Participating with God during the COVID-19 pandemic

The internet is an overwhelming place right now. Yesterday Will and I discussed it as I dropped sweet corn seeds into a newly-tilled patch of earth in our front yard.

“It’s like walking into a room where 30 people are all screaming at you,” Will said.

The current coronavirus pandemic has made many people nearly crazy with fear, whether it’s fear of sickness and dying, fear of being unable to keep a job, fear of losing religious freedom, or fear of being duped by the powers that be.

Feelings and opinions flare hot, and through it all runs an undercurrent of grief. Losing the normalcy of life to new levels of stress and isolation is hard to bear.

But I keep seeing people overlook an important piece that would completely change their perspective, and it makes my heart ache. So many of us are too preoccupied with our opinions and fears to see it.

Yes, we live in uncertain times, but God is at work.

Instead of bemoaning what is past and being afraid of the future, we need to be asking “what is God doing here and now?

“What unique Kingdom opportunities are here right now? How can I participate with God in what He is doing?”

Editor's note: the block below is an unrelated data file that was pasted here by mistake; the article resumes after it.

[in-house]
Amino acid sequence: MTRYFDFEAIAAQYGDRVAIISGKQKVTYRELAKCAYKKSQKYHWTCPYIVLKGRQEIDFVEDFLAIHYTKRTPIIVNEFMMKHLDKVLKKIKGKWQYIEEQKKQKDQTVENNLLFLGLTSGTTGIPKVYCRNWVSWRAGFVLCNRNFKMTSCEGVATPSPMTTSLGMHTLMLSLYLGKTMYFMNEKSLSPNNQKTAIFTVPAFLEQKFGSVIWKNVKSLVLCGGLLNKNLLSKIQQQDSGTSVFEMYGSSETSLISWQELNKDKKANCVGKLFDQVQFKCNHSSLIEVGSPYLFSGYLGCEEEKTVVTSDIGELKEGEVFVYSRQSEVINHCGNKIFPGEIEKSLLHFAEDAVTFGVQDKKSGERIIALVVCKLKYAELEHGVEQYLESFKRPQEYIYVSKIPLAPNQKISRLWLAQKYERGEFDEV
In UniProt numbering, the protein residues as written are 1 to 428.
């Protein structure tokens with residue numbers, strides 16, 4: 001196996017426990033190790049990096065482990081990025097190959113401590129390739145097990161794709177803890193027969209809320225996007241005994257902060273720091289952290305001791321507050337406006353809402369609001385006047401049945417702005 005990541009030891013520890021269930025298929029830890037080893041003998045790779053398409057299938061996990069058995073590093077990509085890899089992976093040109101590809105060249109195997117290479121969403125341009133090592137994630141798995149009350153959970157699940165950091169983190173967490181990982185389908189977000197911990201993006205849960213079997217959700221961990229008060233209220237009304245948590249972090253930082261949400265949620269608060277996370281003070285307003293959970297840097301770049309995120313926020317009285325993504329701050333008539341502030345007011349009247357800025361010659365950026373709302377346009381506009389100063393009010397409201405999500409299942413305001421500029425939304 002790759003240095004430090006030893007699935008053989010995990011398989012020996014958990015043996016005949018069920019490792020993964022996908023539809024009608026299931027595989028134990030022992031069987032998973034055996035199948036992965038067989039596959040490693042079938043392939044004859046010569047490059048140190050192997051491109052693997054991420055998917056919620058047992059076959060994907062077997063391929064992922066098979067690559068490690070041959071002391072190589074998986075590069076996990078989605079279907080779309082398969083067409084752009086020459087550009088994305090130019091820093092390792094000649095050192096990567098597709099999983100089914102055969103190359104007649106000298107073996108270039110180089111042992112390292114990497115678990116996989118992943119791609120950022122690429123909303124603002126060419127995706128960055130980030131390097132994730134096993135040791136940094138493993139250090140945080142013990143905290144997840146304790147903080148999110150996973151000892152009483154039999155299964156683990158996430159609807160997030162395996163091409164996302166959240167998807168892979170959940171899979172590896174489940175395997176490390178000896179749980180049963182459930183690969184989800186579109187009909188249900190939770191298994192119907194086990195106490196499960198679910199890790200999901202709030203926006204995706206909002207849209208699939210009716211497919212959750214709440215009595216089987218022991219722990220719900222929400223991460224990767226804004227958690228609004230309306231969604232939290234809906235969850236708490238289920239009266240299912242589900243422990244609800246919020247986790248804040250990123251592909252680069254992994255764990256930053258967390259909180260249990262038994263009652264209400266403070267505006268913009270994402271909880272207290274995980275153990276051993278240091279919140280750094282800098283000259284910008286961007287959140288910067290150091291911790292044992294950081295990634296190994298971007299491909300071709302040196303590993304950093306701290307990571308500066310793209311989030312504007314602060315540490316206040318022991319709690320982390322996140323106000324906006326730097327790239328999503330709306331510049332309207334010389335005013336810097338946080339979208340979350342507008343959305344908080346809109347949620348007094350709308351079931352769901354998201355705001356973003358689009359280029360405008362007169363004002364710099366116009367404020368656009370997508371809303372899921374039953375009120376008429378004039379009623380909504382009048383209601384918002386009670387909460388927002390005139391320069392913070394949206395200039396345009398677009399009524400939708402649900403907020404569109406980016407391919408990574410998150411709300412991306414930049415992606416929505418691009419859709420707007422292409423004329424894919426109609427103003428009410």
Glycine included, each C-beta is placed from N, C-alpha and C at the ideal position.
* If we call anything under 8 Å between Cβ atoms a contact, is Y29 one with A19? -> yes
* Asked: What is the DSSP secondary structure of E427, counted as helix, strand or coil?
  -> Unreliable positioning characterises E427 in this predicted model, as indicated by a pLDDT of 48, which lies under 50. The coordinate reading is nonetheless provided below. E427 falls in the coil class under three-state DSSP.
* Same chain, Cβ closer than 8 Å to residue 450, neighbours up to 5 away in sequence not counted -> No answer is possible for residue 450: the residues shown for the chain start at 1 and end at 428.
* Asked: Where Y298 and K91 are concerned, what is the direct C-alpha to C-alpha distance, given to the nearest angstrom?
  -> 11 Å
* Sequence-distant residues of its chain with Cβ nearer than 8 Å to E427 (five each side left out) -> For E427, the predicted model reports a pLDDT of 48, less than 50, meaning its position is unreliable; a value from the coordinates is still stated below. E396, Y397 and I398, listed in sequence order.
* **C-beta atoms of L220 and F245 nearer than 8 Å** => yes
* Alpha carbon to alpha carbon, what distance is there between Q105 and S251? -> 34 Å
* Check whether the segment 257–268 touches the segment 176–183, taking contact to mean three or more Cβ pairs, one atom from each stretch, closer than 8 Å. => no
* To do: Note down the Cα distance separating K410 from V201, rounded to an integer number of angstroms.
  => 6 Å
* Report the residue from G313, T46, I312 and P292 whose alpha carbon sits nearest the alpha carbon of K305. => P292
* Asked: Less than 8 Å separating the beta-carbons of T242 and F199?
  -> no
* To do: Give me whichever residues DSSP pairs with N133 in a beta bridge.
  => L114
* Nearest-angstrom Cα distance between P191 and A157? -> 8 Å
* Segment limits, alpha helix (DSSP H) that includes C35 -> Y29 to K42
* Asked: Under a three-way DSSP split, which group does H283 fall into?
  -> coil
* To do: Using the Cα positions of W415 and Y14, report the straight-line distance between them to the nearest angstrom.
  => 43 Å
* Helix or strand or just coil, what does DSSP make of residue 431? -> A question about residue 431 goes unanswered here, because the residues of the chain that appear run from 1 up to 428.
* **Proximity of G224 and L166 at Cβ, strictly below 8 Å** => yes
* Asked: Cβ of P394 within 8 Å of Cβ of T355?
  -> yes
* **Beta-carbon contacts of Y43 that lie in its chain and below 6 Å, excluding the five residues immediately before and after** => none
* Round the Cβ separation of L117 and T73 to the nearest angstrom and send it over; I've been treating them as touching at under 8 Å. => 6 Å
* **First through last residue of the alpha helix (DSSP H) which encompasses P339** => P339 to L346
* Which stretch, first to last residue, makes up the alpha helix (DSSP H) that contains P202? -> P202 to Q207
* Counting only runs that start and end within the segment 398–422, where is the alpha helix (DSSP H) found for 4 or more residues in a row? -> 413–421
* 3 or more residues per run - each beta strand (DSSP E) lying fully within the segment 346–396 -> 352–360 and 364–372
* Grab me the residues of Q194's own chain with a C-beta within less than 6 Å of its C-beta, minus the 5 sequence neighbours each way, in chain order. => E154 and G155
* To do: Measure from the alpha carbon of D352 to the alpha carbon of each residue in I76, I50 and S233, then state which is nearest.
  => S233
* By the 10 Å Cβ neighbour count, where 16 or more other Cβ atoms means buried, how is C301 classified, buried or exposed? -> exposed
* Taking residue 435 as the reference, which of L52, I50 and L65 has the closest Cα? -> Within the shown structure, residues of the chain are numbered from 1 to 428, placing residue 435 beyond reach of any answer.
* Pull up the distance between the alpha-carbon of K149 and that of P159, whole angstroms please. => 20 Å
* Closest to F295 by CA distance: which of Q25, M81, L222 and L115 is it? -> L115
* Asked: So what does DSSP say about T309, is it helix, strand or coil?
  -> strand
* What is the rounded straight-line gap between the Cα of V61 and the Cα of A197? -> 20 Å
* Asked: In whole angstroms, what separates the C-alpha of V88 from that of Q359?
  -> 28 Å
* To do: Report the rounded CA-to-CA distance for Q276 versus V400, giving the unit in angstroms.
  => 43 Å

Participating with God is such a purposeful and hopeful way to live!

I have long felt that God’s people need to be extremely flexible to be active and useful in what He is doing in our time. This crisis is another chance to exercise that flexibility.

God has never been hindered by such trivial things as whether a congregation can hold services in a special building on Sunday morning. I love going to church, yet the traditional Sunday morning service isn’t all that constitutes church.

Instead of trying to recreate systems as we know them, maybe we need to look for new ways to infiltrate the world with the love of Jesus.

These days uncertainty is wearing off protective layers, leaving many people feeling vulnerable and tender. All the opinions thrown around about conspiracy theories and what will happen to the economy are doing precious little to answer any real questions pressing on people’s hearts. The political arguments are a distraction at best.

What does God want for those of us who are hurting and afraid? How can I be the gentleness and peace of Jesus to others during this time? How can I treat their vulnerability with love and care, just as Christ has loved and cared for me?

I’m seeking to live in this new normal in a way that is both meaningful and restful. God is at work, and I don’t want to miss out.

Keane and I enjoyed watching the sunset together. I’m loving the time with my children right now!



12 thoughts on “Participating with God during the COVID-19 pandemic

  1. Naomi

    Thank you for these uplifting words! I am trying to be intentional about processing the grief and loss, while at the same time I feel so much anticipation about what God is doing. When we are in tune with Him and know how to hear from Him, the hope within us overflows to the world around us. This is how I want to live!


  2. Loren Miller